Calinon, S., Li, Z., Alizadeh, T., Tsagarakis, N.G. and Caldwell, D.G. (2012)
Teaching of bimanual skills in a compliant humanoid robot
Intl Workshop on Human-Friendly Robotics (HFR), Brussels, Belgium.


In contrast to standard industrial robots designed to work in predefined factory settings, humanoids are designed to share our space without the need to modify our environment. These robots create new collaborative and social interaction opportunities, but these new environments also expose the robots to various sources of perturbation and unpredictable situations. Since the range of tasks that the humanoids can carry out is infinite, it is not possible to provide a predefined database of tasks. For widespread use in homes and offices, a key requirement will be to provide user-friendly ways of programming the robot to let it acquire new skills and adapt existing skills to new situations. Robot learning by imitation offers a promising route to transfer and refine skills from demonstrations by non-expert users.

We believe that the frontier between planning and control algorithms should overlap in order to cope with unexpected situations in real-time. Our work emphasizes that skills should not only be represented in terms of the shape of the movement, but also (and maybe more importantly) in terms of the degree of variations allowed by the task and how the different movement variables are coordinated. Indeed, important information is contained in the local variation and correlation of the movement. Such variation can change over time (different phases of the movement) and can depend on situation (adaptation to changing positions of objects). This requirement is strong in the case of humanoids, where the robot is required to produce predictable human-like gestures and exploit the characteristics of the task to allow it to respond to perturbations in real-time without having to recompute the whole trajectory.

We present a learning by imitation approach based on a superposition of virtual spring-damper systems to drive a humanoid robot's movement. The novelty of the method relies on a statistical description of the springs attractor points acting in different candidate frames of reference. The proposed approach combines the practical convenience of employing dynamical systems in the humanoid's continuously changing environment with the generality and rigor of statistical machine learning. The robot exploits local variability information extracted from multiple demonstrations to determine which frames are relevant for the task, and how the movement should be modulated with respect to these frames.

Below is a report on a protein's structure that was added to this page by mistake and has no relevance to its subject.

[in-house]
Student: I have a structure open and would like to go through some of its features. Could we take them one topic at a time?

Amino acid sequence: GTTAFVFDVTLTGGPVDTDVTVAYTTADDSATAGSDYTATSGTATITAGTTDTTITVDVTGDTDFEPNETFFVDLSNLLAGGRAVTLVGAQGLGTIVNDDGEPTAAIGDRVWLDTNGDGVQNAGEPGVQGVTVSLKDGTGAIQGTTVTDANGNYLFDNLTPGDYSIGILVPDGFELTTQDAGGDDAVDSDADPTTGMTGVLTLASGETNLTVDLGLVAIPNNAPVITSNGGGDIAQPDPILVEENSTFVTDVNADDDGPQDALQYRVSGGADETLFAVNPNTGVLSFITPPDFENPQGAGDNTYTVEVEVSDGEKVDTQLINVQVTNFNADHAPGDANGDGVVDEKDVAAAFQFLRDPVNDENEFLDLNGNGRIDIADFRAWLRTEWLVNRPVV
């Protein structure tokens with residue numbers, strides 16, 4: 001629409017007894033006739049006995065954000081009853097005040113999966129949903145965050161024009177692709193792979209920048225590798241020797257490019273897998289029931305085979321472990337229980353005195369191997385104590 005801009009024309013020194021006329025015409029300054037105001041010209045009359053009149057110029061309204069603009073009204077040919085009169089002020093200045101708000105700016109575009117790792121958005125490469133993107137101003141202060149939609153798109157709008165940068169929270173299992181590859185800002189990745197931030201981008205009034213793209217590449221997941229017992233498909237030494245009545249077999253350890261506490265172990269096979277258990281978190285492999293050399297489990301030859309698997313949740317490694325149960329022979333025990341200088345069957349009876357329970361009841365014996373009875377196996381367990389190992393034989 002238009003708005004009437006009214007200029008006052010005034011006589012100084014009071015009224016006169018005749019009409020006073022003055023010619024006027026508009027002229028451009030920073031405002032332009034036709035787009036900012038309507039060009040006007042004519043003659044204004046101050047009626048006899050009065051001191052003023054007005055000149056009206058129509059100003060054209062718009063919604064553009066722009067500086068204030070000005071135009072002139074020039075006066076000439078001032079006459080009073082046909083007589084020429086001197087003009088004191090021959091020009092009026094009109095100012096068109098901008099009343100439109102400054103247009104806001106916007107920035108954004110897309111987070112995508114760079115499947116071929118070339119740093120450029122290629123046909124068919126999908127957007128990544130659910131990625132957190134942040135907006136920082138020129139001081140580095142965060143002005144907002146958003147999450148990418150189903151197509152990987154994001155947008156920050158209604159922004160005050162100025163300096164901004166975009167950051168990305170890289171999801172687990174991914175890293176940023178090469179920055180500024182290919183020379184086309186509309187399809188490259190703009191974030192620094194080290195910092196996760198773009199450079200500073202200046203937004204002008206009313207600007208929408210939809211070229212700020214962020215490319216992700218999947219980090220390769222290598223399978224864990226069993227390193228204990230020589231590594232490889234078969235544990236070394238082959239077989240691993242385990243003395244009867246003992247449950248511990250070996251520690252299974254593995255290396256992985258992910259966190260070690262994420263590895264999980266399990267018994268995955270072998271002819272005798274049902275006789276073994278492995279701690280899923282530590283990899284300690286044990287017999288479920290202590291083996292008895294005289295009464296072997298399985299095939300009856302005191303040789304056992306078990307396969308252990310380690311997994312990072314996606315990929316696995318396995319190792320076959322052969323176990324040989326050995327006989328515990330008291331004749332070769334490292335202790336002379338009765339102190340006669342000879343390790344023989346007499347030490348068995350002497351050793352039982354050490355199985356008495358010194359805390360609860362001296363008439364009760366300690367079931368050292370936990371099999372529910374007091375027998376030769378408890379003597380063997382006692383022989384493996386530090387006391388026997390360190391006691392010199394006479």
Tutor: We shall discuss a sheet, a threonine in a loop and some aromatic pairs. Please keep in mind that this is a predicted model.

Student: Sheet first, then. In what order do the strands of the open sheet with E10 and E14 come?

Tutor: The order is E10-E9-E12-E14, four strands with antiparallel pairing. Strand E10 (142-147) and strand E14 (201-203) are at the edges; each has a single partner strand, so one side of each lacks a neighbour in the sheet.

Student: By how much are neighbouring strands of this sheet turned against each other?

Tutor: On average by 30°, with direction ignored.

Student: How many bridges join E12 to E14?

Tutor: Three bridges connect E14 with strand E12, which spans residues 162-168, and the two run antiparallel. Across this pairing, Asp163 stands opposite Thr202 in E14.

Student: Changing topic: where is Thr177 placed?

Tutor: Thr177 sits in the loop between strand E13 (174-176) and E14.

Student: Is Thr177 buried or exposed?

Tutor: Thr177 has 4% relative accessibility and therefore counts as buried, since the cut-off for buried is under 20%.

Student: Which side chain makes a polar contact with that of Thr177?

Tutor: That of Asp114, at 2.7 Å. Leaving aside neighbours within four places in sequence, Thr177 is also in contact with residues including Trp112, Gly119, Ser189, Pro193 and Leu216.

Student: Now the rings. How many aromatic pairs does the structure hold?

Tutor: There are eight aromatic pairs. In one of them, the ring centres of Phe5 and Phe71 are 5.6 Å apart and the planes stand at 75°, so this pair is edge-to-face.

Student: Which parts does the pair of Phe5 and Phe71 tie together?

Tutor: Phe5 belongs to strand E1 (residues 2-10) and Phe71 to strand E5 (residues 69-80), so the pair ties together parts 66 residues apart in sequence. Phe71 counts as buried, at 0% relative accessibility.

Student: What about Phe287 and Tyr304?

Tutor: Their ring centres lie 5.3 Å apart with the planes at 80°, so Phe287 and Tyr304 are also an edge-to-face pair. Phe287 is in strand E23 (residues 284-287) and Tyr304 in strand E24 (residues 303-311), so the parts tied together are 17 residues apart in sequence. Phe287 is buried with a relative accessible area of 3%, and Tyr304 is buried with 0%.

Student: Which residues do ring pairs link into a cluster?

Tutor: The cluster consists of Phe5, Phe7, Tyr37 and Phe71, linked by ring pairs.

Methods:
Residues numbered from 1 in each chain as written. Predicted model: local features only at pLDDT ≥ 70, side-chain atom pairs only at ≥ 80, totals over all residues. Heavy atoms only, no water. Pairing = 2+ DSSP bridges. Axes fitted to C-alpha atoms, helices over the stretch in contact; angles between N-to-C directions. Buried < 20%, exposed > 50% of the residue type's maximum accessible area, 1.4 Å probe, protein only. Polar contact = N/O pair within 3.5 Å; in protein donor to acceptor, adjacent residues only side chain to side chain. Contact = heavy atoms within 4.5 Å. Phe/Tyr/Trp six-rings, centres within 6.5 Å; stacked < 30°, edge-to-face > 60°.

In previous work, we explored these two categories of machine learning tools in parallel. On one side, we developed a representation of movements based on a sequential superposition of dynamical systems with varying full stiffness matrices. On the other side, we developed a representation based on Gaussian mixture regression (GMR) to provide a statistical representation of the movement that is able to compute and retrieve movement commands in real-time, independently of the number of datapoints in the training set. We present here a method to gather these two components. From the dynamical systems standpoint, it provides a simple approach to reframe the superposition of spring-damper systems in a probabilistic framework. While from the statistical regression perspective, it provides an elegant methodology to cope in real-time with perturbations without employing an external control mechanism on top of the generated movement.

The proposed learning approach is achieved by predefining a set of candidate frames of reference, such as objects in the environment or relevant body parts such as the end-effectors of the robot. The role of the robot is to autonomously figure out which frames of reference matter along the task, and in which way the movement should be modulated with respect to these different frames. Bimanual coordination is achieved by considering the other hand as a candidate frame of reference for the reproduction of the skill. The movement of the two hands are thus naturally coupled for parts of the movement in which regular patterns have been observed between the two hands. The strength of the coupling constraint is automatically adapted with respect to the variations observed throughout the task.